“Both abundance and lack exist simultaneously in our lives, as parallel realities. It is always our conscious choice which secret garden we will tend… when we choose not to focus on what is missing from our lives but are grateful for the abundance that’s present / love, health, family, friends, work, the joys of nature and personal pursuits that bring us pleasure / the wasteland of illusion falls away and we experience Heaven on earth.”
Sarah Ban Breathnach quote
How much does it cost to go to a movie?
Okay, now what’s your answer if I told you that while the movie is taking place, you have to miss the final debate in the school board election, in a race where you’re tied for first?
Clearly, the stuff you miss has a cost.
Freelancers are very good at having an innate sense of opportunity cost. They realize, for example, that taking on a friend at a discount might be very expensive if it means that other, better paying work is going to have to be turned down.
Now that just about everyone is in the business of selling their time in some form, it’s important to be aware that even if something doesn’t cost you cash out of your wallet, the opportunity cost is not only real, it’s just as valuable. Not only does it cost money to say ‘no’, it costs money to say ‘yes’.
Feeling low on motivation? Use these sure-fire techniques to recharge your batteries.
Success takes time–sometimes longer than you’d like. If you’re not careful, it’s easy to become discouraged, and that makes it harder to achieve the success you deserve.
Here’s a simple, six-step plan to get your “mojo” back:
1. Define your purpose.
Why are you working? Why are you doing this work? Only you can answer these questions. Some individuals are drawn to certain kinds of work, while others are individuals are simply looking for a payday or to feed their families. No purpose is inherently “better” than any other–but you need to know your purpose, so that the prospect of fulfilling of that purpose keeps you motivated.
2. Tie your purpose to your company’s goals.
Now that you’ve identified why you’re working, deliberately envision your company’s offering (what it makes, provides or sells) as the vehicle through which you can fulfill your purpose. The more closely you associate, in your mind, your purpose with your company’s product, the easier you’ll be able to motivate yourself to do what’s necessary to get your job done.
3. Tie your purpose to your team’s success.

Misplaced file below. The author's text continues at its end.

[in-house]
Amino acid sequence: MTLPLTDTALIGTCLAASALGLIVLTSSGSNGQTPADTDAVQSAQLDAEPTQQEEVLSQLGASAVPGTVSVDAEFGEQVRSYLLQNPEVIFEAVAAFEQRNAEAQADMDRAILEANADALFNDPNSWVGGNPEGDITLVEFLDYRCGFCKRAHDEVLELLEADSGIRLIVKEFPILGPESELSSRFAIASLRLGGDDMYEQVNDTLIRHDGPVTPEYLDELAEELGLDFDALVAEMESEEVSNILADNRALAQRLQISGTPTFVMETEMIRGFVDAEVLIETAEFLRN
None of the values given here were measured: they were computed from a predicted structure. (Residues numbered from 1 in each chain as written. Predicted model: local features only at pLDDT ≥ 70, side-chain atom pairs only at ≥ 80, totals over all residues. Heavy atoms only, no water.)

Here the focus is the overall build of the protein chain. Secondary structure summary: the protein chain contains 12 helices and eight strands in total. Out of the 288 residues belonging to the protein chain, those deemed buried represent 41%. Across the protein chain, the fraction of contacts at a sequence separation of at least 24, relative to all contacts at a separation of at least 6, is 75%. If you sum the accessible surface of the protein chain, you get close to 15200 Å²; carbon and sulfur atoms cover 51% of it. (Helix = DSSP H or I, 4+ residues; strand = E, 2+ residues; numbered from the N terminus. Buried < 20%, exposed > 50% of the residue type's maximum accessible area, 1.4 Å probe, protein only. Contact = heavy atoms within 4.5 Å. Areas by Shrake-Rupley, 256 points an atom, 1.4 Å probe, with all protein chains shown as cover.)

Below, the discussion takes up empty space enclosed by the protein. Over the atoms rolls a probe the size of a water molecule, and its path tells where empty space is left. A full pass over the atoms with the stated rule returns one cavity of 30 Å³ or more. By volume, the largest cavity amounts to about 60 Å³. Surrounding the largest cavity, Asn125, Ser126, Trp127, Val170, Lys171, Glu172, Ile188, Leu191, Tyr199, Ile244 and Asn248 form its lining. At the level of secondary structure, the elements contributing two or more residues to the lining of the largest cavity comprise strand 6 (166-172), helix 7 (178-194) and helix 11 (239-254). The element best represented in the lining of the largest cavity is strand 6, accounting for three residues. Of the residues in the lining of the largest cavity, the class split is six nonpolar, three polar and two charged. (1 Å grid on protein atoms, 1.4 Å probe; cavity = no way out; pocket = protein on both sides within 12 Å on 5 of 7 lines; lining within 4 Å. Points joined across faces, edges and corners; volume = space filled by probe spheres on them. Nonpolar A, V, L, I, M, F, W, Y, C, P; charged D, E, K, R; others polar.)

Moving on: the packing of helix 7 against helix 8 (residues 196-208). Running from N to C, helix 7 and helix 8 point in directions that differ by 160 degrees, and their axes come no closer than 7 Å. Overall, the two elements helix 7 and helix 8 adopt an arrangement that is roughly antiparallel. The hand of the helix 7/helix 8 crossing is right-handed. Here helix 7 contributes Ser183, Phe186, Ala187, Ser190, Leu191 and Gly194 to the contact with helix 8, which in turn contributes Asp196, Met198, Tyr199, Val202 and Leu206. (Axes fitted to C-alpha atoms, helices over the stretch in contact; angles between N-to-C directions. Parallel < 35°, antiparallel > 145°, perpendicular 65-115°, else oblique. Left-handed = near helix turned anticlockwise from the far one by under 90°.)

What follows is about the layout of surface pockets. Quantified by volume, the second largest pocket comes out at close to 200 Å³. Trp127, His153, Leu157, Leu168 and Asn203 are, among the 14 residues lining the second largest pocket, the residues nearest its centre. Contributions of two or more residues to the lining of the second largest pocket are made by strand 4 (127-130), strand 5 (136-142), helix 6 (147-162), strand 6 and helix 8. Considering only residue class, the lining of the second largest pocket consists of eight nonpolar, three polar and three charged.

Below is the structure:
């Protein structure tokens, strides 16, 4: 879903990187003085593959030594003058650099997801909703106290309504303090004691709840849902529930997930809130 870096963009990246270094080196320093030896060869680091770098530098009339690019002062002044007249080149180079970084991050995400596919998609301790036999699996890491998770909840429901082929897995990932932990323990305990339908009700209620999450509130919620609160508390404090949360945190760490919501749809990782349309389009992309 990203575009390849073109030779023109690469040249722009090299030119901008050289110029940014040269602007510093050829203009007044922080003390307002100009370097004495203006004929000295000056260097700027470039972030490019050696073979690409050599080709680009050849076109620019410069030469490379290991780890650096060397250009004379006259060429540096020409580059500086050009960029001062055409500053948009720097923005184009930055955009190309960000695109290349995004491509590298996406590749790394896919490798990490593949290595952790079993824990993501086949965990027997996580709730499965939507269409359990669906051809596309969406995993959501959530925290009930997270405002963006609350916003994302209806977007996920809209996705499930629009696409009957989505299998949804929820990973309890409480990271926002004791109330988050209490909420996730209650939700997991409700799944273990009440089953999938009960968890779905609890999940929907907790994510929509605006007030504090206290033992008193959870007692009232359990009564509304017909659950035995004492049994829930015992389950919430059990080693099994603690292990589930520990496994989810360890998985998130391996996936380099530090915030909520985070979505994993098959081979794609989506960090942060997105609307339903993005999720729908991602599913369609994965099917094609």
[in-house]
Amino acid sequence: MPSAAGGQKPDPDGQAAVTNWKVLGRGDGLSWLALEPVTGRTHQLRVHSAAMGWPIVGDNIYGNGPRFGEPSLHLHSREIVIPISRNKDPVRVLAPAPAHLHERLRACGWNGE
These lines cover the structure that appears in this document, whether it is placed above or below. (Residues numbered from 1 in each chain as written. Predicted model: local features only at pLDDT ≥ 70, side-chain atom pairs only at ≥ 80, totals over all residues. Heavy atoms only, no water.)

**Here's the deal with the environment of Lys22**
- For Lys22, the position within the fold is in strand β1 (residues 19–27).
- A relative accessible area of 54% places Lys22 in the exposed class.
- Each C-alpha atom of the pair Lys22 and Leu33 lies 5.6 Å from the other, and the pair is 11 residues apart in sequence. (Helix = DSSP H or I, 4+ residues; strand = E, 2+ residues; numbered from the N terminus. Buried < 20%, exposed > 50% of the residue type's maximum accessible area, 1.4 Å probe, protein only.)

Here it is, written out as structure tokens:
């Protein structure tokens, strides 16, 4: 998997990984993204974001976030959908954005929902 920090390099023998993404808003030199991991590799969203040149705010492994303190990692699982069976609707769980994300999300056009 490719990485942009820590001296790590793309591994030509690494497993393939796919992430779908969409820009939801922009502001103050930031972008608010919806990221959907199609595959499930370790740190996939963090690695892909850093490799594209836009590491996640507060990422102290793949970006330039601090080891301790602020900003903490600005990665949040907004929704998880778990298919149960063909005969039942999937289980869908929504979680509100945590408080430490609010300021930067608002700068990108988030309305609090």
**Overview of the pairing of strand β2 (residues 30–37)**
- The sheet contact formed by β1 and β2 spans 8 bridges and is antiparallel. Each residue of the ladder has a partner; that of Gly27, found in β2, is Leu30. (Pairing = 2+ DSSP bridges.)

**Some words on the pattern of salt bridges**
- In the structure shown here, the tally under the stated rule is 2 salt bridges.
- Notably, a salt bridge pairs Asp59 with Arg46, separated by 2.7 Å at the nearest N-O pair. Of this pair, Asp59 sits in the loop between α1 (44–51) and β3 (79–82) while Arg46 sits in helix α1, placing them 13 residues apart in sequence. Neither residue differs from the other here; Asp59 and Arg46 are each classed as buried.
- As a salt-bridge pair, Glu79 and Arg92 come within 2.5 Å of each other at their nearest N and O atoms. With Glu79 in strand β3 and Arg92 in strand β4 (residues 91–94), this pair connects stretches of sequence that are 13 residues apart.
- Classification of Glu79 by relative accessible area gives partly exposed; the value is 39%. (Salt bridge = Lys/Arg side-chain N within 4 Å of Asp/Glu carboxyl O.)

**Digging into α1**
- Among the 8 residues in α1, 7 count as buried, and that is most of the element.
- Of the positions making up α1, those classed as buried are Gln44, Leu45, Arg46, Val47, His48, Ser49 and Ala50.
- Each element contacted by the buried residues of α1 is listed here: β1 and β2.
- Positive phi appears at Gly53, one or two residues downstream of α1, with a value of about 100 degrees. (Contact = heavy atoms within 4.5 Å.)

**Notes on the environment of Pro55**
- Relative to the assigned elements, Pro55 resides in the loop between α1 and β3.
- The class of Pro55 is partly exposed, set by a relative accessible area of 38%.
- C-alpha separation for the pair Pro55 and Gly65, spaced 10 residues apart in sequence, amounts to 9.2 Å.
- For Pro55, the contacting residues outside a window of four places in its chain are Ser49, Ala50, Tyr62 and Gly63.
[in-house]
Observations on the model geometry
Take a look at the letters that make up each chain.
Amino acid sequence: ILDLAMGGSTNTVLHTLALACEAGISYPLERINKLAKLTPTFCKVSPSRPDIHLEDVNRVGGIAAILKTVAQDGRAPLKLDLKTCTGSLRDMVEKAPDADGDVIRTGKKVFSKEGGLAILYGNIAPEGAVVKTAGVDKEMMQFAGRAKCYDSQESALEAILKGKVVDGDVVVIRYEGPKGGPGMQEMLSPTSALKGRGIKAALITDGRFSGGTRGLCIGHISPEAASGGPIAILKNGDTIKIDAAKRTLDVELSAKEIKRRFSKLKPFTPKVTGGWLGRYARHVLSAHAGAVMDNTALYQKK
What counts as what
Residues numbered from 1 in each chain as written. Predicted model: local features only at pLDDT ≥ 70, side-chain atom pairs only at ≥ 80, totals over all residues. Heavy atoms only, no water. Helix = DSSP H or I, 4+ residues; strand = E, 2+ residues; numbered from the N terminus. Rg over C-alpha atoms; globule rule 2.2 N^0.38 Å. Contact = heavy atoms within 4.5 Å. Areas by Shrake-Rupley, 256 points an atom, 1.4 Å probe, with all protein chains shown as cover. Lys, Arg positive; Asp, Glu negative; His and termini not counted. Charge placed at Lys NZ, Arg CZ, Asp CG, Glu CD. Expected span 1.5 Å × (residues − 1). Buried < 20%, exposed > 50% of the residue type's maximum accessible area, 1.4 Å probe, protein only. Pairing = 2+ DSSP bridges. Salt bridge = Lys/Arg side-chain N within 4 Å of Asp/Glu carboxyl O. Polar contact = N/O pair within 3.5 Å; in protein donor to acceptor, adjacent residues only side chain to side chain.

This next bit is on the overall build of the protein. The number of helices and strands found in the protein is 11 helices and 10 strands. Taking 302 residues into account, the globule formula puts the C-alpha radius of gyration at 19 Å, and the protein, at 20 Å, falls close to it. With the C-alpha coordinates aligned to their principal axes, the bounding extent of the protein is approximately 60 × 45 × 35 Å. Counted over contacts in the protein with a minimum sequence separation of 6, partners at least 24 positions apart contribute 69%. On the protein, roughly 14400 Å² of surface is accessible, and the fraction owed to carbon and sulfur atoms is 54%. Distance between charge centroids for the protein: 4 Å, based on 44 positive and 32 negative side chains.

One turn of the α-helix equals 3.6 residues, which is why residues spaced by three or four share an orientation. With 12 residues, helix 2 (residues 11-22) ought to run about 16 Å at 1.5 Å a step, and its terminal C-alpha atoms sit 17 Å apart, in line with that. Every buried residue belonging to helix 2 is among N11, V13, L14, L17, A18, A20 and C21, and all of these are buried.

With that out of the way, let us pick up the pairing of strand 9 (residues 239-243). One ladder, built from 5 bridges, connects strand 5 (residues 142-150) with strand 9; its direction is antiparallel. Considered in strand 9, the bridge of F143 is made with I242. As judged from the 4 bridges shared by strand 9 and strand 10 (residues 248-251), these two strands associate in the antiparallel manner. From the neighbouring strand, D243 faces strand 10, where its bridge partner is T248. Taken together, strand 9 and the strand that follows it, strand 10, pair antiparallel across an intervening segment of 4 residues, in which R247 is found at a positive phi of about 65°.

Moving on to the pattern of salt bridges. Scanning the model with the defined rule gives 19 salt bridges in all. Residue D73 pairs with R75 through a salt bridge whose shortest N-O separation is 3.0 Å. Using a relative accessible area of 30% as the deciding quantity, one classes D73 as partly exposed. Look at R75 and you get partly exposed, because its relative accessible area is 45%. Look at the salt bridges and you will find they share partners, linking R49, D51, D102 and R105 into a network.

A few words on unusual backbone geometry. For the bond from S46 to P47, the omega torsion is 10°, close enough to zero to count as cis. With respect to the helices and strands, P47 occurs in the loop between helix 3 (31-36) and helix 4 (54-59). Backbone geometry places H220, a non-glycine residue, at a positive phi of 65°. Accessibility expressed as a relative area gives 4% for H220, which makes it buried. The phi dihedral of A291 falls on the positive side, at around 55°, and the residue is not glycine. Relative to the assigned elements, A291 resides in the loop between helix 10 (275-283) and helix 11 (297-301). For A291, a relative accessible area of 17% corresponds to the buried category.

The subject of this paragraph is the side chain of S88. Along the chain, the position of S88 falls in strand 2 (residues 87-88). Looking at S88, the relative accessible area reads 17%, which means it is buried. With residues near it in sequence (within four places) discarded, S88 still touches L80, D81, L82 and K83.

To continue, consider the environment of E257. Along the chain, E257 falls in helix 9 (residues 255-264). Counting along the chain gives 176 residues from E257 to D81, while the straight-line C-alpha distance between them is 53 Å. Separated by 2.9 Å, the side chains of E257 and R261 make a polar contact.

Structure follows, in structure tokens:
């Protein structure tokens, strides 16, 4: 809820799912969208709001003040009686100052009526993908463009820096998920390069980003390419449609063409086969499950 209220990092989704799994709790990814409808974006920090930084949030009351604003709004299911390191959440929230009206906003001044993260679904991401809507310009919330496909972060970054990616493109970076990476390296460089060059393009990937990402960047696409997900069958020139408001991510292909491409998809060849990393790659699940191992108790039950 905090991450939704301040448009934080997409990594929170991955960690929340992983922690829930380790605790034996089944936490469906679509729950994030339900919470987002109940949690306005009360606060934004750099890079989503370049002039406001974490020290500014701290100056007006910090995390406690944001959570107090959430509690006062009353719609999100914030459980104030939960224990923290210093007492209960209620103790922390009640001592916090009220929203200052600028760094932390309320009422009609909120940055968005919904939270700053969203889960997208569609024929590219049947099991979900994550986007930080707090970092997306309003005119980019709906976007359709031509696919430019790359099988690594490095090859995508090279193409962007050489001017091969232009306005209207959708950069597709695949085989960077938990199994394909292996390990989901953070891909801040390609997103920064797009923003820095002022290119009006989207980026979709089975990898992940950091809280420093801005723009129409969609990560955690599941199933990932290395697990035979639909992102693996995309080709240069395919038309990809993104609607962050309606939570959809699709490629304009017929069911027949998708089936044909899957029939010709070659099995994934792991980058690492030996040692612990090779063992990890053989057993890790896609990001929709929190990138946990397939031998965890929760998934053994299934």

If you’re working with other people, they’re depending upon you to get your job done. Fulfilling your purpose thus helps them become successful too–which means that you’re having a positive impact on other people’s lives.
4. Create ambitious goals for yourself.
Now that you’ve got everything aligned, it’s time to set ambitious goals that, if achieved, will create success for yourself, your products, and your company. Pick exciting goals that will will inspire you to achieve them.
5. Create a workable but flexible plan.
Now that you’ve got goals, create a step-by-step plan that constantly brings you closer to your goals. That will help you build additional confidence, commitment and the feeling that you’re in control of your destiny. Hint: If you aren’t sure how to build a plan that will work, get the help of somebody who’s already achieved what you want to achieve.
6. Take massive action … starting now.
Success is now just a matter of executing that plan, adjusting as necessary to achieve your goals. To start on the right foot, as soon as your write your plan, immediately take some action to achieve that plan. Motivation feeds on action. You want to build momentum that will continue to carry you toward your goal.
The main point here is to do all of this consciously, to make certain that everything in your work life is aligned.
Have a great week ahead!
The above is based upon a conversation with one of the world’s top motivational speakers: Omar Periu.
Most of our suspicions of others are aroused by our knowledge of ourselves.
Life is not about how high you jump but about how high you bounce when you hit the ground, and sometimes its not important which way you jump, just that you jump
My lovely lady got me Terre d’hermes as a gift for fathers day, the perfume is the brain child of the french man Jean-Claude Ellena, a scent he produced for Hermes.
Infact, Jean-Claude Ellena is the official in-house perfumer for Hermès since 2004 and possibly the most adventurous, unconventional nose in France, and he writes in his new book. “Journal d’un Parfumeur,” “Odor is a word, perfume is literature”. I must say reading about his life as a ‘nose’ – a description given to creators of scents – is quite interesting.
When interviewed one time, he said, “For me, elegance is defined by discretion—not invading the space of your neighbor.”
Further in the interview, Mr. Ellena paused, gazing at the distant Mediterranean. “There’s a wonderful quote by Provençal writer Jean Giono, who says: ‘I love to look behind the air.’ That’s what I try to do—go behind the obvious. You have to bring people’s noses a little further than what they see to sense what is happening somewhere else.
That’s something to think about.